BFP - Women's March demonstrators discuss movement's future

Screenshot_2017-01-24_23.40.22.png Police estimated that 15,000 to 20,000 people came to Montpelier to participate in a nation-wide women's march on Saturday, Jan. 21, 2017, closing two exits on Interstate 89 after traffic backed up for miles as people poured into Vermont's capital. GLENN RUSSELL/FREE PRESS

Katie McCarty, one of the organizers of the Women's March on Montpelier, watched in amazement in the week leading up to the Saturday rally as Facebook responses skyrocketed.

Now the movement's leaders are discussing how to harness that energy going forward.

"The RSVPs flooded in that final week after all the press came out," McCarty said Monday. "It was going up a thousand people a day: four thousand, five thousand, six thousand. On the morning of the march it was seven thousand RSVPs."

McCarty's volunteer web designer sent heran email Friday night saying the site had received 15,000 hits, crashing the website.

"That's when we realized it was going to be huge," said McCarty, development director for the group Rights and Democracy. "There was nothing we could do at that point."

The Vermont Women's March Unity Rally, as the event also was known, drew 15,000 to 20,000 people Saturday, temporarily shutting down three exits on Interstate 89 and filling the lawn, street and steps in front of the Statehouse with a sea of people of all ages and backgrounds. The march was one of dozens nationwide that together attracted millions of people. More rallies took place around the world.

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(Photo: GLENN RUSSELL/FREE PRESS)

"It was significant on so many levels, particularly just the significance of marching for women's rights but also marching in unity with other communities under increased threat from the policies and rhetoric of the incoming (Trump) administration," McCarty said.

McCarty hopes to turn the response the rally generated into an ongoing movement. She said Rights and Democracy reached out to 180 other organizations across the state working for social and economic justice in the run-up to the march.

"Now we've built this coalition of organizations and individuals doing this work," McCarty said. "That's incredibly powerful, especially in Vermont. We've already talked about the next step, reunifying as a team and building our platform moving forward."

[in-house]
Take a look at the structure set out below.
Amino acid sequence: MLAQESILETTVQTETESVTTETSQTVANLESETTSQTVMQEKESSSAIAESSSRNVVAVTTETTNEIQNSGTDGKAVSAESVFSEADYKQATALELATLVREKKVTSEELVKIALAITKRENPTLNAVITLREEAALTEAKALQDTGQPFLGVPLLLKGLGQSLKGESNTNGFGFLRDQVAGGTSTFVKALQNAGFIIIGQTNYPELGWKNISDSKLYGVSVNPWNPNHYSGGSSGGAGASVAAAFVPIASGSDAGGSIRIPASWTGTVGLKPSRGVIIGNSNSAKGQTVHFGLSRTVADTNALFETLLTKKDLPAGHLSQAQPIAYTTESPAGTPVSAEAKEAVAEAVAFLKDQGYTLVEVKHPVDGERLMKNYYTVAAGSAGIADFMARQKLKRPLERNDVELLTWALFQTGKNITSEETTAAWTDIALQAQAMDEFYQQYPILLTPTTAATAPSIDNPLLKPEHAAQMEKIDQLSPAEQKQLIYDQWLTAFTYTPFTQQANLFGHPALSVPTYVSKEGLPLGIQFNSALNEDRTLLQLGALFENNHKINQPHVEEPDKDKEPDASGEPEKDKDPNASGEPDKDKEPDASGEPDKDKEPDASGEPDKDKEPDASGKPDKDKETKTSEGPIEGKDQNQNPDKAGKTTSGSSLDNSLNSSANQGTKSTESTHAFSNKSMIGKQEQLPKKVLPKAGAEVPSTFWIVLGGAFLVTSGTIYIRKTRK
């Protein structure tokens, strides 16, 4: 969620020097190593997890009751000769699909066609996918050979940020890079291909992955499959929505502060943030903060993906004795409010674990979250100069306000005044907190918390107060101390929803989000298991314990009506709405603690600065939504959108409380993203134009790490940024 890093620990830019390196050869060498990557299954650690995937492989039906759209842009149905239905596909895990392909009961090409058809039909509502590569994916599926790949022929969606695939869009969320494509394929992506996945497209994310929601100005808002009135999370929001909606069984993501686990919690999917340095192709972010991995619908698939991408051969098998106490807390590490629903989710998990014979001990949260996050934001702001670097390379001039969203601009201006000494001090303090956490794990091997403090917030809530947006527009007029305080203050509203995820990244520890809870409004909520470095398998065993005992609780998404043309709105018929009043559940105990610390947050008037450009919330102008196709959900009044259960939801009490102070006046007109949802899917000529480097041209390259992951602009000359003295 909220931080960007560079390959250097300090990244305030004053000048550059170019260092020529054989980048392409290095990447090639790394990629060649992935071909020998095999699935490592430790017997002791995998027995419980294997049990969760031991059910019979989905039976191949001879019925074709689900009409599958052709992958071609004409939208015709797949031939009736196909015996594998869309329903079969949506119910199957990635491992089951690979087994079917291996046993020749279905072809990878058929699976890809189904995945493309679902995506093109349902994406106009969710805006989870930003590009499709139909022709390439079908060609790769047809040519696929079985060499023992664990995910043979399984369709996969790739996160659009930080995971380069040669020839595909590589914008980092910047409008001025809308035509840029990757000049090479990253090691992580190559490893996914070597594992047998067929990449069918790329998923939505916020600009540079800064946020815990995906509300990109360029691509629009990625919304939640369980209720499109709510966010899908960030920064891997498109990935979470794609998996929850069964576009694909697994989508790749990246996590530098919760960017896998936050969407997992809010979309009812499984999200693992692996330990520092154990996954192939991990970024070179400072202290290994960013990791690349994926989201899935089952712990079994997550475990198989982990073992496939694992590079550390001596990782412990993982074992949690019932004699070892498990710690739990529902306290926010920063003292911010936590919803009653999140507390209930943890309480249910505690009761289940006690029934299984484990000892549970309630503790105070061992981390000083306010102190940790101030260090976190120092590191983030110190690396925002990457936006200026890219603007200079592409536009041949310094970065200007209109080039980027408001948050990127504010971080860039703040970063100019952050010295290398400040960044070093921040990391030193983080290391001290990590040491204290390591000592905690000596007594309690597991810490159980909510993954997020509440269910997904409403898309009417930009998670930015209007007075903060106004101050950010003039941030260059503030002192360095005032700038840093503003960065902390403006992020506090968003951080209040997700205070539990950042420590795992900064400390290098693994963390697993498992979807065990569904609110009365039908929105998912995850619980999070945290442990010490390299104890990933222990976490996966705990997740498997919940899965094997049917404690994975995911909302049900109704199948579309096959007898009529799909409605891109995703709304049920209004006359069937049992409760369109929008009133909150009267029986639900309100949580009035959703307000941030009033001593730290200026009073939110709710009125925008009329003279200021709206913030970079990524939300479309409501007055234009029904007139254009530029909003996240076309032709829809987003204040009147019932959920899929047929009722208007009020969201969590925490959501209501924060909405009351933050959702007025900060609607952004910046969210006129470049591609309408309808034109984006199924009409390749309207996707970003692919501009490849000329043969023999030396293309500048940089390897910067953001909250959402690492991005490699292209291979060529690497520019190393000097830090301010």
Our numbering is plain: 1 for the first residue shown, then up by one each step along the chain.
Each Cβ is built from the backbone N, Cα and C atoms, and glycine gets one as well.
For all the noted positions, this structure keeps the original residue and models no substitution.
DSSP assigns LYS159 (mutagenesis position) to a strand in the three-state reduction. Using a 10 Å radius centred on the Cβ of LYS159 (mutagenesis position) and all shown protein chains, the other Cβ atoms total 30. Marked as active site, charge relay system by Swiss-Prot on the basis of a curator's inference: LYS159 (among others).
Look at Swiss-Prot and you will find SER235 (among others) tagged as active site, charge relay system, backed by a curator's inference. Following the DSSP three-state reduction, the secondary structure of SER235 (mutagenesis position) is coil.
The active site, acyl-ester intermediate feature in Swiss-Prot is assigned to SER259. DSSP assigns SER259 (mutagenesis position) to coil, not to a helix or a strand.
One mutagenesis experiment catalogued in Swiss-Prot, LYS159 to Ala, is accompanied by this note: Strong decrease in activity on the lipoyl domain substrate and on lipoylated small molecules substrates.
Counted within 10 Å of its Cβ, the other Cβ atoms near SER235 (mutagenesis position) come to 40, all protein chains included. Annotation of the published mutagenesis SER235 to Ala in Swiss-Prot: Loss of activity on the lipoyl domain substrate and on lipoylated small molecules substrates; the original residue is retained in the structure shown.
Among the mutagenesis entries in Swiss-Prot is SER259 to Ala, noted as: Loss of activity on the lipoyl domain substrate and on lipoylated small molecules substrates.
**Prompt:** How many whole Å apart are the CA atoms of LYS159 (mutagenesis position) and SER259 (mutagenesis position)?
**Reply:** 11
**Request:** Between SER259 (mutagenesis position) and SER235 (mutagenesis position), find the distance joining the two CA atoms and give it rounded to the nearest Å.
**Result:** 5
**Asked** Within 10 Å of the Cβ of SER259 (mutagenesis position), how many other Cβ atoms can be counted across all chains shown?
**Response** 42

A crowd of several thousand listens to speeches during

A crowd of several thousand listens to speeches during Women's March on Montpelier and Unity Rally at the Statehouse on Saturday, January 21, 2017.  (Photo: GLENN RUSSELL/FREE PRESS)

Ebony Nyoni, co-founder and president of Black Lives Matter VT, was one of the speakers at Saturday's rally.

"It was certainly wonderful to see so many people come out towards a shared cause or causes," Nyoni said Monday. "It was just great energy."

Nyoni said she is trying to build a sustainable base for her organization, with a goal of eventually having 5,000 members across the state. Black Lives Matter VT currently has 400 members.

"Basically we're organized and mobilized to make the experiences of people of color in Vermont more tolerable by addressing issues of racism, whether it be systemic, environmental or on a community level," Nyoni said.

A crowd of several thousand listens to speeches duringA crowd of several thousand listens to speeches during Women's March on Montpelier and Unity Rally at the Statehouse on Saturday, January 21, 2017.  (Photo: GLENN RUSSELL/FREE PRESS)

The organization is opening a coffee shop in Winooski on Feb. 11, called Shop 4 Change, that will offer Equal Exchange Coffee and pastries from different cultures.

"It's going to be really cool," Nyoni said. "Everything is organic. Everything is Fair Trade."

Nyoni said 100 percent of the proceeds from the coffee shop will go toward sustaining Black Lives Matter VT.

Rebecca Eun Mi Haslam was another of the speakers at Saturday's event. Haslam is the Burlington School District's K-12 equity and inclusion instructional leader.

"That basically means I get to provide direct support to teachers with regard to equity and inclusion in their instruction," Haslam said.

A crowd of several thousand listens to speeches during

A crowd of several thousand listens to speeches during Women's March on Montpelier and Unity Rally at the Statehouse on Saturday, January 21, 2017.  (Photo: GLENN RUSSELL/FREE PRESS)

Haslam said Monday she was given about three minutes to address the enormous crowd in Montpelier. Toward the end of her speech, she addressed the impact of the presidential election on students and families.

"What I can tell you is every day teachers have to mitigate the results of the election," Haslam said. "Children are hearing hateful rhetoric ... and bring that experience into school conversations."

Haslam sees Saturday's march as a "call to action" to change in the current political and social atmosphere. Katie McCarty agrees.

"These are daunting times, but I've never felt more powerful than right now, living in this state," McCarty said. "As an organizer, we've seen people who have never engaged in activism coming out and saying, 'I have to do something.'" 

http://www.burlingtonfreepress.com/story/news/2017/01/23/womens-march-organizers-discuss-future-of-movement/96961714/

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